Changi Airport announcements in English only?

changi airportBy Kow Song Tong
I have always been proud of my country Singapore. After all, it is a little red dot which has worked very hard to align itself with First World countries. It is lauded for its world class airport and I had little doubt that our Changi Airport is truly one of the best.
An expected turn of events had unfortunately challenged my unwavering pride and faith. I was returning from Hainan Island, China to Changi Airport Terminal 2 on 5 November 2014. My brother-in-law, age 80, went missing after we visited the restroom and was nowhere to be found despite some frantic search and a good ten minutes’ wait. I had no choice but to approach the information counter and asked the staff if they could help to make an announcement in Mandarin to help locate my missing brother-in-law, who does not understand a word of English.
The counter staff replied that they were not able to do so as they are only allowed to make announcements in English. I was flabbergasted and I asked the staff why, since Chinese is an official language of Singapore as well. Her reply came swift and matter-of-fact: “No, English is THE official language of Singapore.” And she reiterated it more than once.
As one can expect, I blew my top.
Firstly, one can imagine the worry and frustration of not being to locate one’s elderly relative.
Secondly, help is refused on the grounds that Chinese is not an official language of Singapore, which is horrendously erroneous.
Thirdly, there is practically zero existence of customer service extended to a passenger desperate for help – no empathy, no flexibility, no alternative solutions. Nothing, except to argue about the official languages of Singapore.
The only good that came out of the outburst was that it attracted attention, including my lost brother-in-law’s, which solved our problem of the missing person.
However, the issue of customer service at the Changi Airport, or the lack of, was far from being resolved.
Firstly, Chinese, along with Malay and Tamil, is as official as English is in Singapore. Is it really low-class or embarrassing when announcements are made in languages other than English? (On the side note, the information counter staff were Chinese and had been conversing with me in Mandarin, hence the ability to make announcements in the language was not an issue.)
Secondly, even if the rule is set in stone by some higher authorities or management, shouldn’t some degree of flexibility be exercised in cases of emergency? In my case, it is a case of missing person. What if the situation is a matter of life and death or something more urgent? Shouldn’t the staff be empowered to act swiftly in the best interest of the issue? The inflexibility displayed by the counter staff is more than appalling.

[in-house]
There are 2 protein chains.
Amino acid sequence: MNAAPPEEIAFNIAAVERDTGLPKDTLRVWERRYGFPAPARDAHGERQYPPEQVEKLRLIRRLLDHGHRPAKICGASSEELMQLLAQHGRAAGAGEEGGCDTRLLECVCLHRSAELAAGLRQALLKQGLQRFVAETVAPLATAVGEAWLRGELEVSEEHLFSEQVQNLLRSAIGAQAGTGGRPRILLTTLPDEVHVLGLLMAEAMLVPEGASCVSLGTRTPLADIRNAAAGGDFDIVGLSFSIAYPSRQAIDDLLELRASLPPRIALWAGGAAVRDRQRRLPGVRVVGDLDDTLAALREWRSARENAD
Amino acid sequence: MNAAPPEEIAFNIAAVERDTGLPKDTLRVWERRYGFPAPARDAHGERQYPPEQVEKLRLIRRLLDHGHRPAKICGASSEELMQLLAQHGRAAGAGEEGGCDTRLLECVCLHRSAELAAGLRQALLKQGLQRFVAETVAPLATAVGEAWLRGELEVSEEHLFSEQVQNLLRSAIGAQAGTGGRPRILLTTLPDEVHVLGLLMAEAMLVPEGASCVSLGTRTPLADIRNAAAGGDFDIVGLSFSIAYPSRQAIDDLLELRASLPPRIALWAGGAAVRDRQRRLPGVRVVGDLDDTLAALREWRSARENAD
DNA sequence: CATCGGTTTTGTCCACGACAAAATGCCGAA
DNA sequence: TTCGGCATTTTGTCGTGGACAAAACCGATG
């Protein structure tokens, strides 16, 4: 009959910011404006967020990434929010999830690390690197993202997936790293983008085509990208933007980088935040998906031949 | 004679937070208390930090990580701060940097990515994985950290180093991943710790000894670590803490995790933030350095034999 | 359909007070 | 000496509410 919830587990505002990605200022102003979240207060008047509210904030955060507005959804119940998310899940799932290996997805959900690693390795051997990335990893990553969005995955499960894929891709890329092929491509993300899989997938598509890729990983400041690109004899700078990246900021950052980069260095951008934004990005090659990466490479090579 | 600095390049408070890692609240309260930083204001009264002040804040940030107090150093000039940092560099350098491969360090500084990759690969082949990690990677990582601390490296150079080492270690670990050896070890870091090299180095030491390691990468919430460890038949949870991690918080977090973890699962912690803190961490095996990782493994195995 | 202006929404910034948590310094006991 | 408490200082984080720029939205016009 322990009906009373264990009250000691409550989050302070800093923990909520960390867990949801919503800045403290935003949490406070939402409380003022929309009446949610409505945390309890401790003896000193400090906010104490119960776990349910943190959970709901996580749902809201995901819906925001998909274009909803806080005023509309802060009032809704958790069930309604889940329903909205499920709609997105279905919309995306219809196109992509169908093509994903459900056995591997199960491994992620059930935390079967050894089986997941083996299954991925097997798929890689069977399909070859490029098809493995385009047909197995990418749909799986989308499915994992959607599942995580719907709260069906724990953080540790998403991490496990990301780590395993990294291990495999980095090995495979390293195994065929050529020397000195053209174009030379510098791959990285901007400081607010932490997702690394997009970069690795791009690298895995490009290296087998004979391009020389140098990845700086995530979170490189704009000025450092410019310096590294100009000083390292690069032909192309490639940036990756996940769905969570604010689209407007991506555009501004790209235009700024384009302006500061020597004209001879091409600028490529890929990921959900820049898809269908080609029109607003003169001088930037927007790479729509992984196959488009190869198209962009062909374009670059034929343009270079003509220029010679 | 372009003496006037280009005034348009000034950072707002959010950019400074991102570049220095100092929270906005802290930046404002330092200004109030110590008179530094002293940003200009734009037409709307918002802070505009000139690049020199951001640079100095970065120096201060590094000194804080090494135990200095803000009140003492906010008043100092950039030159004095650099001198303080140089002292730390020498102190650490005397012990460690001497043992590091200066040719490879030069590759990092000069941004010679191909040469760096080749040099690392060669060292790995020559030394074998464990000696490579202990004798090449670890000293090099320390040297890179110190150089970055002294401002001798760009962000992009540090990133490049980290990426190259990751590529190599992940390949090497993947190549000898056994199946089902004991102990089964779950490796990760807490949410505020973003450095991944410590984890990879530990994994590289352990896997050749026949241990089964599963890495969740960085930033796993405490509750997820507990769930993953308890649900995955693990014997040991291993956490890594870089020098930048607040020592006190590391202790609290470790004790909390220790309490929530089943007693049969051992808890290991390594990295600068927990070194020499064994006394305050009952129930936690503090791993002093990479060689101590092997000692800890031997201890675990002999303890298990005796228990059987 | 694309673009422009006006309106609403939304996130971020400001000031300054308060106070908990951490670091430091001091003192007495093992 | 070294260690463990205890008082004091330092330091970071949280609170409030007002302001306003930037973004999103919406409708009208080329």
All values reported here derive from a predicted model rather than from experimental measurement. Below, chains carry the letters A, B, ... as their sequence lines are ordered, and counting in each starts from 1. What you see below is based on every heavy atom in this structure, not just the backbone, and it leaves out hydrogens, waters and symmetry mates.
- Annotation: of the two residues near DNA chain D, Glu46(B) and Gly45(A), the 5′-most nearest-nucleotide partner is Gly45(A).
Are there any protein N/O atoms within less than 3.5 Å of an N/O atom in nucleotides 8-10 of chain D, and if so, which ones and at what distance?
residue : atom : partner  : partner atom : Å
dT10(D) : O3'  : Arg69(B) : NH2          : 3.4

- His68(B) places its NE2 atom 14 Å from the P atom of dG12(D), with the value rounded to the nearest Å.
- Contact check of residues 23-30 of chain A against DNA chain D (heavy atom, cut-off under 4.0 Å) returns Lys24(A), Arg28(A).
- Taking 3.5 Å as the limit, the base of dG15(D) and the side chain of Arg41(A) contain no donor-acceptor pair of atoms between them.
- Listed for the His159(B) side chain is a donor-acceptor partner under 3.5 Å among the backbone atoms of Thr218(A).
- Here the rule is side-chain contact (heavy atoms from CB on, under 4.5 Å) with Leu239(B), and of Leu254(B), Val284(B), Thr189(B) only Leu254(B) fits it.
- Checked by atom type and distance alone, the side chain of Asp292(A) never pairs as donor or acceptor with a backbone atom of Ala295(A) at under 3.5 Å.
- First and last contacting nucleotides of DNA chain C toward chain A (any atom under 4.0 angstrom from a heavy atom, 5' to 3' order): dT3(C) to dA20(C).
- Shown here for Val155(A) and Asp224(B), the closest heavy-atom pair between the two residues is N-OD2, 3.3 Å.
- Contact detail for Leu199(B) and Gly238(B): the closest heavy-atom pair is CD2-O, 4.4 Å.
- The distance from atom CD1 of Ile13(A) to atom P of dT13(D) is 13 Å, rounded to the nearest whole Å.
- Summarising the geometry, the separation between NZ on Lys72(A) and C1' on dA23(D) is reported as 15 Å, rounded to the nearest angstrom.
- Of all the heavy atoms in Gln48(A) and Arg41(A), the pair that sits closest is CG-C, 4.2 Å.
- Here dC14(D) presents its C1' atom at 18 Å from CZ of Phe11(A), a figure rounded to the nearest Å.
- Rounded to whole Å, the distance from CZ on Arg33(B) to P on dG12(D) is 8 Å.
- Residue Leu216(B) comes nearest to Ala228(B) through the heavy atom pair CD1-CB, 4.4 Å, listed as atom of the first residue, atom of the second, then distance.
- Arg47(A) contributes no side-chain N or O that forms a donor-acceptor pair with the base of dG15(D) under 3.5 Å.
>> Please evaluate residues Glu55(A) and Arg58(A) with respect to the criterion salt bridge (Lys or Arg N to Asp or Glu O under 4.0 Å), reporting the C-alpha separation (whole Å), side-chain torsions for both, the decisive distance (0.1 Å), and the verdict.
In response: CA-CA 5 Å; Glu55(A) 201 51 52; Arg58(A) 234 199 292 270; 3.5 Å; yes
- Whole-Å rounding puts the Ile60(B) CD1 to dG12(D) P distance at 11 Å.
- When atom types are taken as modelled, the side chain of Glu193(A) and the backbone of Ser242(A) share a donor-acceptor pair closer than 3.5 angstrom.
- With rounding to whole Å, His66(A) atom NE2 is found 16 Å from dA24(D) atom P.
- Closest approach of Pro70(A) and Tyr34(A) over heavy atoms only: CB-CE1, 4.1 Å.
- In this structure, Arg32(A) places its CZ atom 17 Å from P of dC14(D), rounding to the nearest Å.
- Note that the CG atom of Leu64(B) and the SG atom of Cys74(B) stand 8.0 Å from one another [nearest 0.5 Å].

Lastly, communication is of utmost importance for any effective business to run. An airport is an international transportation hub with confluence of people from all over the world. Although English is the lingua franca, one cannot assume that every passenger who descends at our airport understands English. Given the fact that the Chinese makes up the bulk of tourists arrivals at the Changi Airport in recent years, the rigid decision to adopt English as the only language for announcements is indeed baffling.
Nelson Mandela once said, “If you talk to a man in a language he understands, that goes to his head. If you talk to him in his language, that goes to his heart.” Changi Airport needs to understand that to be one of the best airports in the world, the skilfulness of managing human relations is many times more important than the hardware.
Even in Singapore, the number of people who do not understand English can be substantial. For my brother-in-law and many of the elderly above 65 who may not have been educated, or educated in the English medium, comprehending announcements in English pose great difficulty. We have had rigorous national discourse about respecting our old, recognizing our pioneer generation, yet when it comes to something as simple as communicating to them at the airport, we fail miserably.
Although the incident left a bad aftertaste, I write here not to demand an apology or see that the staff involved in this saga be admonished. More importantly, I wish to highlight and seek redress the way policies are crafted in Changi Airport with regards to making announcements, which I believe could have practised more compassion and flexibility.

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